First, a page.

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Mental health is a delicate topic, but it’s one we can’t afford to ignore and not understand. The mental health collapse of people makes the headlines almost every day and it’s why you need to see and hear what the Bible has to say about that. 

Your mental health is of profound impact and value, not only to you and to your family, but also to the broader society. And to the kingdom of God. In Mark 6:31, Jesus had just finished a series of meetings. Amazing signs, wonders, miracles occurred. Thousands were impacted by the power of the Holy Spirit through His life.

Mark 6:31 says, “Then, because so many people were coming and going that they did not even have a chance to eat, He said to them, ‘Come with me by yourselves to a quiet place and get some rest.’ ”

The disciples were not the principal speaker or the primary leader but they were still giving out emotionally and engaged in the work of ministering to people. Though you may not be clergy or you may not even work in one of the service professions, whether a physician, a nurse, or someone in the restaurant industry, I want you to understand, you give out emotional energy.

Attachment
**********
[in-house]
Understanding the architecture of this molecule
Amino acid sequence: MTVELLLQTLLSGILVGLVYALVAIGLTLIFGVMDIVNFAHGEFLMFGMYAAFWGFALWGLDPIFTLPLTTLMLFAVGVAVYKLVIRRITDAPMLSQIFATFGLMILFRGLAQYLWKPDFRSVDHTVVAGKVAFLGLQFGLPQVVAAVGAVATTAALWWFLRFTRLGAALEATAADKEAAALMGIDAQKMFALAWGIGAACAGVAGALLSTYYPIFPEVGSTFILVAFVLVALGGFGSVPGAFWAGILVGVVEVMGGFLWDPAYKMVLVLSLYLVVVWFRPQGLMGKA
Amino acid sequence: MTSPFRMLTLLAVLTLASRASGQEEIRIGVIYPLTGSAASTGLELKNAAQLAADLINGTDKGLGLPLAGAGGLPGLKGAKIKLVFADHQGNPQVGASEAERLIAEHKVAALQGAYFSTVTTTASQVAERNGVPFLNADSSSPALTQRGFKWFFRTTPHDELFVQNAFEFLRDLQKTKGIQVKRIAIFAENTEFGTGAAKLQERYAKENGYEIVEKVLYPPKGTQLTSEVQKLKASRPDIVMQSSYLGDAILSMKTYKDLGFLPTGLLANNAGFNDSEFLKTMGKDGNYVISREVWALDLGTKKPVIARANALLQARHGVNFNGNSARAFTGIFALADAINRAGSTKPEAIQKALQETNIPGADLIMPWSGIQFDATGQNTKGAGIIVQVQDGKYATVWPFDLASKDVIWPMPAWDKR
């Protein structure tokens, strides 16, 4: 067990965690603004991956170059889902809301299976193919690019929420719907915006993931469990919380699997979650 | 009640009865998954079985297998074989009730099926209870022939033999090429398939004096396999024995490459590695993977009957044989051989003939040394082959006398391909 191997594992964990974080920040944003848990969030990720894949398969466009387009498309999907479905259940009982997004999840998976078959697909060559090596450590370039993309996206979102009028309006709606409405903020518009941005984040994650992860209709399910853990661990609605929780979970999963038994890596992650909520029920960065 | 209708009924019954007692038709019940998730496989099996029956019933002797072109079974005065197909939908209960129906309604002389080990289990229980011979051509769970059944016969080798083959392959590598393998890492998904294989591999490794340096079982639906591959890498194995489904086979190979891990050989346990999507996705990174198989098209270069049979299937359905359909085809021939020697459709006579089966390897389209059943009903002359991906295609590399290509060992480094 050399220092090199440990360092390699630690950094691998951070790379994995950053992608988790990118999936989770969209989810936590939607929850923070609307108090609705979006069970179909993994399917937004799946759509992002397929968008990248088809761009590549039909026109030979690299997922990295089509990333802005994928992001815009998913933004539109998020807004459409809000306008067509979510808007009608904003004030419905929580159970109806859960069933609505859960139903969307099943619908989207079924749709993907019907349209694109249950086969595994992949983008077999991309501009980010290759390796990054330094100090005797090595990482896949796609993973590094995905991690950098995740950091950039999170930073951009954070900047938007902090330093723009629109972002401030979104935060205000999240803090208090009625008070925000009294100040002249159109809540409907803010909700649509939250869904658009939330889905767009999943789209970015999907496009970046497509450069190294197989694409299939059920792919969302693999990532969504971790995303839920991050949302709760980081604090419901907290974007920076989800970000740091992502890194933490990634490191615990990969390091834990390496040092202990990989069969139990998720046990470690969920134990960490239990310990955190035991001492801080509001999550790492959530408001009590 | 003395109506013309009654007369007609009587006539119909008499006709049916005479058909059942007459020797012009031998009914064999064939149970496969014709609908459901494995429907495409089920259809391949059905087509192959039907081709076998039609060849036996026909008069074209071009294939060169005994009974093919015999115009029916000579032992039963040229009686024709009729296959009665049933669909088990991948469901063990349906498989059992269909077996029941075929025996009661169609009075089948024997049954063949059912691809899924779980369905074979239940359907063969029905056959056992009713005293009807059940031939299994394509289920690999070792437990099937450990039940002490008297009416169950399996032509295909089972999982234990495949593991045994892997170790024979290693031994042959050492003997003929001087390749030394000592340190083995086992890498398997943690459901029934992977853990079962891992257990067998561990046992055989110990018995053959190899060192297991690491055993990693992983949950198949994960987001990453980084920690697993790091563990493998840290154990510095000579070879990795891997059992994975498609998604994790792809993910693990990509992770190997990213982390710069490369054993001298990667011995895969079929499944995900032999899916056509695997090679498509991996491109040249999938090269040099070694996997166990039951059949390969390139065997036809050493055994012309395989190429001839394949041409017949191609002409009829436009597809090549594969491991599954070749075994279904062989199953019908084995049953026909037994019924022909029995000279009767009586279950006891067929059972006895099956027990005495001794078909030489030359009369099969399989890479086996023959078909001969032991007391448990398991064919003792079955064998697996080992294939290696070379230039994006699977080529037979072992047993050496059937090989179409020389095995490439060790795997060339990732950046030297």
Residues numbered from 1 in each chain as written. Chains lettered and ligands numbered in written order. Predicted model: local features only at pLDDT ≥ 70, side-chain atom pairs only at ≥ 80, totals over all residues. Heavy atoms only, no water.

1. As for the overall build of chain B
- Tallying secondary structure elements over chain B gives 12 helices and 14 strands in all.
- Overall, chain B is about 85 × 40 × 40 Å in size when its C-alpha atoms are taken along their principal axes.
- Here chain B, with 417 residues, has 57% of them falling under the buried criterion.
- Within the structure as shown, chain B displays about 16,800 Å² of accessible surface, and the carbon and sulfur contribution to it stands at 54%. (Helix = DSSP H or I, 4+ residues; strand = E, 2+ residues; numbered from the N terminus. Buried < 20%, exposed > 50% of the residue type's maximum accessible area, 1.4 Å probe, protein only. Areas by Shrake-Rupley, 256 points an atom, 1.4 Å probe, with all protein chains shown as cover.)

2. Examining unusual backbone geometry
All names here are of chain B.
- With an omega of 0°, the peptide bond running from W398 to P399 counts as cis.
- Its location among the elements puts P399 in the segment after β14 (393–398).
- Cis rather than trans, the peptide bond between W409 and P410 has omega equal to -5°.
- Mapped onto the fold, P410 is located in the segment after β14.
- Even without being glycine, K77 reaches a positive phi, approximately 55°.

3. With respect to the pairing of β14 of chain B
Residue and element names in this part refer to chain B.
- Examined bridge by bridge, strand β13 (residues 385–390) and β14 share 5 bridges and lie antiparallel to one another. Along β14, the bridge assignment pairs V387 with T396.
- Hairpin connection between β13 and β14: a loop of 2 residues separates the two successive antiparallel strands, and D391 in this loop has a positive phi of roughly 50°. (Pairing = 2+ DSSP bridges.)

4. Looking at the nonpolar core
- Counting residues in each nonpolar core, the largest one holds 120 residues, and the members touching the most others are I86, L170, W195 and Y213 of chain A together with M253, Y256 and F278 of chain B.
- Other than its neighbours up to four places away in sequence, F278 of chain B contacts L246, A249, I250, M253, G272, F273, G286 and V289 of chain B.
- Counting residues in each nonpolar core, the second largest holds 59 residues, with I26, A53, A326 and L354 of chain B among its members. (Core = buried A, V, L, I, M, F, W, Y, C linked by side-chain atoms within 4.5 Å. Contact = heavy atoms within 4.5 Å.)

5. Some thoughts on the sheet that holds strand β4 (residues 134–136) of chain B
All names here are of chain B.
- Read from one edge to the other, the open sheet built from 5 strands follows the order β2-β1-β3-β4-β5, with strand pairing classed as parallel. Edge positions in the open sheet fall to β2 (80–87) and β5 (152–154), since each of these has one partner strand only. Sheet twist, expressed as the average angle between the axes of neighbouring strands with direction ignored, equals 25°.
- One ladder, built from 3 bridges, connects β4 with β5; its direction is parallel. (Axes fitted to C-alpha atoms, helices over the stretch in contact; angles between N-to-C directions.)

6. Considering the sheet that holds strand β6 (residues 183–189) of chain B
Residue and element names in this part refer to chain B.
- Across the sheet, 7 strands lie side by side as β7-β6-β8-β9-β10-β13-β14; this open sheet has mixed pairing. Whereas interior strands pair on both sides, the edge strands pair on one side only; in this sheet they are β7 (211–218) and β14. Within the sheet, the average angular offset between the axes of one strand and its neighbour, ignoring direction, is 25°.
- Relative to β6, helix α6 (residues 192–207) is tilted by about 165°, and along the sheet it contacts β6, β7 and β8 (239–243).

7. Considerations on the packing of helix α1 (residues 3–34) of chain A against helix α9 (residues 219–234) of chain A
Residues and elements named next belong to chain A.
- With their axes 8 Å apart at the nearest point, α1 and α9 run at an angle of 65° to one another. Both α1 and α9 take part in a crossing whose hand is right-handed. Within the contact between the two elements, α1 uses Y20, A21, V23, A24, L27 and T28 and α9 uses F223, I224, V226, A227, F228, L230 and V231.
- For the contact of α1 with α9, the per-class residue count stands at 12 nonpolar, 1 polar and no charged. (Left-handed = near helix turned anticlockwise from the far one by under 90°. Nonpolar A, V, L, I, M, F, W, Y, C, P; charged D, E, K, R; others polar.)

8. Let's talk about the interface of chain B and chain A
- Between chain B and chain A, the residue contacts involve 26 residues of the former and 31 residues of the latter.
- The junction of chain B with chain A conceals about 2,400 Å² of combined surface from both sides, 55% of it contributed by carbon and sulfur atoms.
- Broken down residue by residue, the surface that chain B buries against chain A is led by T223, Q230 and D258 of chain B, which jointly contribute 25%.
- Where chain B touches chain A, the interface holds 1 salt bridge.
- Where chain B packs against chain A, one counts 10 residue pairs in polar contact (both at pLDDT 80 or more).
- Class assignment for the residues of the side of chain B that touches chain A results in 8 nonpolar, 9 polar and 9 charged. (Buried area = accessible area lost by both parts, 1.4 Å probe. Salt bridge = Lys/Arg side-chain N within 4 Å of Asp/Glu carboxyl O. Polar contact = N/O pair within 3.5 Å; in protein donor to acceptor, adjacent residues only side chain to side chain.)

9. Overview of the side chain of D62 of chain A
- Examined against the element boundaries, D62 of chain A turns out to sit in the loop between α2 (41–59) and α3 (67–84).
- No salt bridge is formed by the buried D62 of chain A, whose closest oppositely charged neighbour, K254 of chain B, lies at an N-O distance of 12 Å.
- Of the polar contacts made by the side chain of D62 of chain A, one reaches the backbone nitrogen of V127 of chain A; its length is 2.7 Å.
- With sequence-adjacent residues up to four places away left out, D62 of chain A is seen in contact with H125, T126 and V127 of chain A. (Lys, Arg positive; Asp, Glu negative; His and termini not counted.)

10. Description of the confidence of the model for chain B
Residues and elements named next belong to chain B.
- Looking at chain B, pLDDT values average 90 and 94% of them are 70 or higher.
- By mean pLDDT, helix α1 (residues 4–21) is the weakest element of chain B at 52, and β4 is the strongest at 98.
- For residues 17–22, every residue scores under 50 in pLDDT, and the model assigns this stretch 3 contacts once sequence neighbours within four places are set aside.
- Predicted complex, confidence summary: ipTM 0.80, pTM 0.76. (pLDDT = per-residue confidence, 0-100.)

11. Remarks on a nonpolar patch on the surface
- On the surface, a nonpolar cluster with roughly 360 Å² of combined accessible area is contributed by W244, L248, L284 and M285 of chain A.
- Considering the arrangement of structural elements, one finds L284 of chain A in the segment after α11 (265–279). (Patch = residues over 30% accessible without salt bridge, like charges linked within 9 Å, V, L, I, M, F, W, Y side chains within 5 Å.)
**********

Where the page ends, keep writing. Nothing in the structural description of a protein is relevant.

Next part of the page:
Jesus was very concerned about the spiritual and mental health of His disciples. He was telling them you can’t just soldier on after you’ve gone through a series of work or extended time of ministry. Your mental health requires care. There must be a sense of resilience where you bounce back by renewing yourself and recharging yourself. You have to do the things that are preventative so that you can experience wellness so that your life and ministry are sustainable.

When we can talk about our feelings, they become less overwhelming, less upsetting and less scary. 

Jesus gave His disciples three tips to help them really have a mentally healthy lifestyle. 


In Mark 6:31 it says, they didn’t even have a chance to eat. You need to establish limits or boundaries that ensure that you’re not always in performance mode, work mode, school mode, that you’re not always in the doing mode.

It’s almost like you put a wall in place.